Entomologic and demographic correlates of anti-tick saliva antibody in a prospective study of tick bite subjects in Westchester County, New York

Brian S Schwartz, R. B. Nadelman, D. Fish, J. E. Childs, G. Forseter, G. P. Wormser

Research output: Contribution to journalArticle

Abstract

We measured anti-tick saliva antibody (ATSA) by enzyme-linked immunosorbent assay using whole sonicated Ixodes dammini salivary glands as antigen in subjects with 1) a recent and confirmed I. dammini (n = 100) or Dermacentor variabilis bite (n = 3), 2) erythema migrans (n = 15), 3) late- stage Lyme disease (n = 4), and 4) normal controls without a history of tick bites (n = 5). Tick bite subjects had three ATSA determinations over approximately six weeks. On the first ATSA measurement at a mean ± SD of 18.5 ± 19.8 hr after removal of the tick, the subjects bitten by I. dammini had a mean ATSA optical density value (95% confidence interval [CI]) of 0.264 (0.223, 0.305); the corresponding value in controls was 0.142 (0.115, 0.169). There was no consistent change in ATSA levels in individuals with time. Multiple linear regression indicated that tick engorgement (P <0.01), subject age (higher ATSA with increasing age; P = 0.01), and subject sex (females > males; P = 0.03) were all independent predictors of ATSA levels. Logistic regression revealed that a bite by I. dammini that became engorged (defined as an engorgement index ≥ 3.4) was a risk factor for ATSA seropositivity (odds ratio [95% CI] = 6.2 [1.7, 21.8]). Finally, the ATSA test had a sensitivity of 0.81 and a specificity of 0.56 for a bite by I. dammini that became engorged. Overall, the data are further evidence that ATSA is a biologic marker of tick exposure, in that the engorgement index, a surrogate for tick saliva dose, was the strongest independent predictor of antibody response.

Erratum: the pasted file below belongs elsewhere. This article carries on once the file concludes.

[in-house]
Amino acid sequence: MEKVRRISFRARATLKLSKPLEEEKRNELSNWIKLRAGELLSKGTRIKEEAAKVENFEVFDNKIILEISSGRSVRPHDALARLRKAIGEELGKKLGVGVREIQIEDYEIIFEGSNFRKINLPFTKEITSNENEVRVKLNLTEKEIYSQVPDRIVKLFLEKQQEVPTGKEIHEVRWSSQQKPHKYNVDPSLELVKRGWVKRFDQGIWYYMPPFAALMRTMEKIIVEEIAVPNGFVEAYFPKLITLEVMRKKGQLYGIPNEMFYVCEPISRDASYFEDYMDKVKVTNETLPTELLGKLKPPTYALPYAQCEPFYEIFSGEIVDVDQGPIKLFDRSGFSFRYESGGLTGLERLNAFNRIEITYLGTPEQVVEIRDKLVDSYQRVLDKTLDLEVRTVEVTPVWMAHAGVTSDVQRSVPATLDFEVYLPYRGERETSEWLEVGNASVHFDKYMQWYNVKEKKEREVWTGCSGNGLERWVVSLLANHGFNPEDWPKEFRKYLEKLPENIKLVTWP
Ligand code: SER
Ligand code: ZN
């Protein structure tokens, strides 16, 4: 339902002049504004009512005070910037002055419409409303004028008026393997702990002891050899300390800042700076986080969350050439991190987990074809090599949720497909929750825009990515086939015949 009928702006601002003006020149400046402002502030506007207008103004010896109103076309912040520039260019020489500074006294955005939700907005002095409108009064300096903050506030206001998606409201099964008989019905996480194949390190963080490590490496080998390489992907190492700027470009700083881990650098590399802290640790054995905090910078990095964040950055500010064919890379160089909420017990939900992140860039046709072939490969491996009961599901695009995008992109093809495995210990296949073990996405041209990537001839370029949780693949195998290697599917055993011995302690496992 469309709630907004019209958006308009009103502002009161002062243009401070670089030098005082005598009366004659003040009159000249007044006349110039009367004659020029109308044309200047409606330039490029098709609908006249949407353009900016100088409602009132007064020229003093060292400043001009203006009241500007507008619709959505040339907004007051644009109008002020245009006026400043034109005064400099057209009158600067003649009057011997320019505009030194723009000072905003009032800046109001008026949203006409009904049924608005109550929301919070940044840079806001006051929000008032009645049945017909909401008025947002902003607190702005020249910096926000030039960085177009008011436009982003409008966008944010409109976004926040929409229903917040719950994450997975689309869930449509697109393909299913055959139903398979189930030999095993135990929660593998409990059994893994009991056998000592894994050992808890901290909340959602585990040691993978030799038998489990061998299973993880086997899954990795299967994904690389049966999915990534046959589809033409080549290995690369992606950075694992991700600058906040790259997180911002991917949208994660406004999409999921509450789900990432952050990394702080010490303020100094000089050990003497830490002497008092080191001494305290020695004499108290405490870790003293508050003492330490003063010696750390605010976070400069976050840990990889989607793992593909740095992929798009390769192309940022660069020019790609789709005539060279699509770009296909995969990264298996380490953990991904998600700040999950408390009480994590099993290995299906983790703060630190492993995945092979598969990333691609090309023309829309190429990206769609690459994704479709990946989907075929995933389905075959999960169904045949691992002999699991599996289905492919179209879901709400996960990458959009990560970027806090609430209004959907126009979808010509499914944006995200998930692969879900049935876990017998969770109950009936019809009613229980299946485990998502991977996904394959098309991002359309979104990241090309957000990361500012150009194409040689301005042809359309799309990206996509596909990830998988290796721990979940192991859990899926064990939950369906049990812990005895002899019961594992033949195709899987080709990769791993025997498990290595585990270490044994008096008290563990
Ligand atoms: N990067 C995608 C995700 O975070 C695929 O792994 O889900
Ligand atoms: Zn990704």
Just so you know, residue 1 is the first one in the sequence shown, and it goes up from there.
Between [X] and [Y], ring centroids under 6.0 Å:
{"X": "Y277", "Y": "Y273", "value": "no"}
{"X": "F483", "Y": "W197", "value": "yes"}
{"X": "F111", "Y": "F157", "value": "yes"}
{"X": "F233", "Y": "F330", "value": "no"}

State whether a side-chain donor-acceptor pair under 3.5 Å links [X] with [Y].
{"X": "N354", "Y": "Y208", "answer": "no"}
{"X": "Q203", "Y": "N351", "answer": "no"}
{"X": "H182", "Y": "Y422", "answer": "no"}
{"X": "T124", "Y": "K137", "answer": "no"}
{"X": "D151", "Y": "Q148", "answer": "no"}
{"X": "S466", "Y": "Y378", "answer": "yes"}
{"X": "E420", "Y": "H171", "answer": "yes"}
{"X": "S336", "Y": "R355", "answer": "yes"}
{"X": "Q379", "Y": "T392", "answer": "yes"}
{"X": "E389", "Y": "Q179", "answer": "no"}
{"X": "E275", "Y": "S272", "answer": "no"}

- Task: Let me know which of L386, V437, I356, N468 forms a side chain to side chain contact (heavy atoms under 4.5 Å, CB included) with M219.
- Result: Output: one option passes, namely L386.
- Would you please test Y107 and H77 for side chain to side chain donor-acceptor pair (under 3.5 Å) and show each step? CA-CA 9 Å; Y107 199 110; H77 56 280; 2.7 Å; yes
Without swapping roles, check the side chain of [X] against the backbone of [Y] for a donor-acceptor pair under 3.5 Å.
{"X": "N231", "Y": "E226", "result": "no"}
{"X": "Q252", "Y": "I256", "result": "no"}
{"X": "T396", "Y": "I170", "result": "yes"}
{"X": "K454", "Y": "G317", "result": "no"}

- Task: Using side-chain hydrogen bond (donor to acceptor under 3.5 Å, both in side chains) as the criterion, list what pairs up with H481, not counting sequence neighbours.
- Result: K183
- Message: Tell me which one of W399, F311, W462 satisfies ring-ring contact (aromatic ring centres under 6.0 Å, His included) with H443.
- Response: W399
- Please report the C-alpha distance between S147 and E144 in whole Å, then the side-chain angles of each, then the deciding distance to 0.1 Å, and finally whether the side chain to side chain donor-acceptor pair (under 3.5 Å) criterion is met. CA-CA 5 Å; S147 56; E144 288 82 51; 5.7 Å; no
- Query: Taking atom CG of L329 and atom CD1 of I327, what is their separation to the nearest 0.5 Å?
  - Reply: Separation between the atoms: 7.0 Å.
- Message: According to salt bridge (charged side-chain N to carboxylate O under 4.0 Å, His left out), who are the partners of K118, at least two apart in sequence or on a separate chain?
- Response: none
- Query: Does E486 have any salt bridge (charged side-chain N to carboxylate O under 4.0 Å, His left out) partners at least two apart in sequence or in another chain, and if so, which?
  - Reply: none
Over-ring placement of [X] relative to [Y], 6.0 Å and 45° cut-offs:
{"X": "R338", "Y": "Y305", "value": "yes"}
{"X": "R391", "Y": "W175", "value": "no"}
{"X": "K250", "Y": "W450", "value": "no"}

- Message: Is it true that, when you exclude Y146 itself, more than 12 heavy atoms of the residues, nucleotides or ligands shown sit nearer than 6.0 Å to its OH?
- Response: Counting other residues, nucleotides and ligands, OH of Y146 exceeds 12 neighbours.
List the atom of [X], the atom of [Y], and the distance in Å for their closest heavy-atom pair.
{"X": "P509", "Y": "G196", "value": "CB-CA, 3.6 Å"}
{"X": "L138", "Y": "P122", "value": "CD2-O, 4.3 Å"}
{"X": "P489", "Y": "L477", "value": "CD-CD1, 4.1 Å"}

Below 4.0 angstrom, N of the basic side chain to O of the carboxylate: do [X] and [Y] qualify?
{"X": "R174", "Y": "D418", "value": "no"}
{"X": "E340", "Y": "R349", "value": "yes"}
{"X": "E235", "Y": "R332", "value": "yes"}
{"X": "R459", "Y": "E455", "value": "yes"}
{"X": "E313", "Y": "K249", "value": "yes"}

Original languageEnglish (US)
Pages (from-to)50-57
Number of pages8
JournalAmerican Journal of Tropical Medicine and Hygiene
Volume48
Issue number1
StatePublished - 1993

Fingerprint

Tick Bites
Ticks
Saliva
Demography
Prospective Studies
Antibodies
Ixodes
Bites and Stings
Dermacentor
Confidence Intervals
Lyme Disease
Erythema
Salivary Glands

ASJC Scopus subject areas

  • Parasitology
  • Infectious Diseases

Cite this

Entomologic and demographic correlates of anti-tick saliva antibody in a prospective study of tick bite subjects in Westchester County, New York. / Schwartz, Brian S; Nadelman, R. B.; Fish, D.; Childs, J. E.; Forseter, G.; Wormser, G. P.

In: American Journal of Tropical Medicine and Hygiene, Vol. 48, No. 1, 1993, p. 50-57.

Research output: Contribution to journalArticle

@article{aef268980d404dc8a0436429f6ee3935,
title = "Entomologic and demographic correlates of anti-tick saliva antibody in a prospective study of tick bite subjects in Westchester County, New York",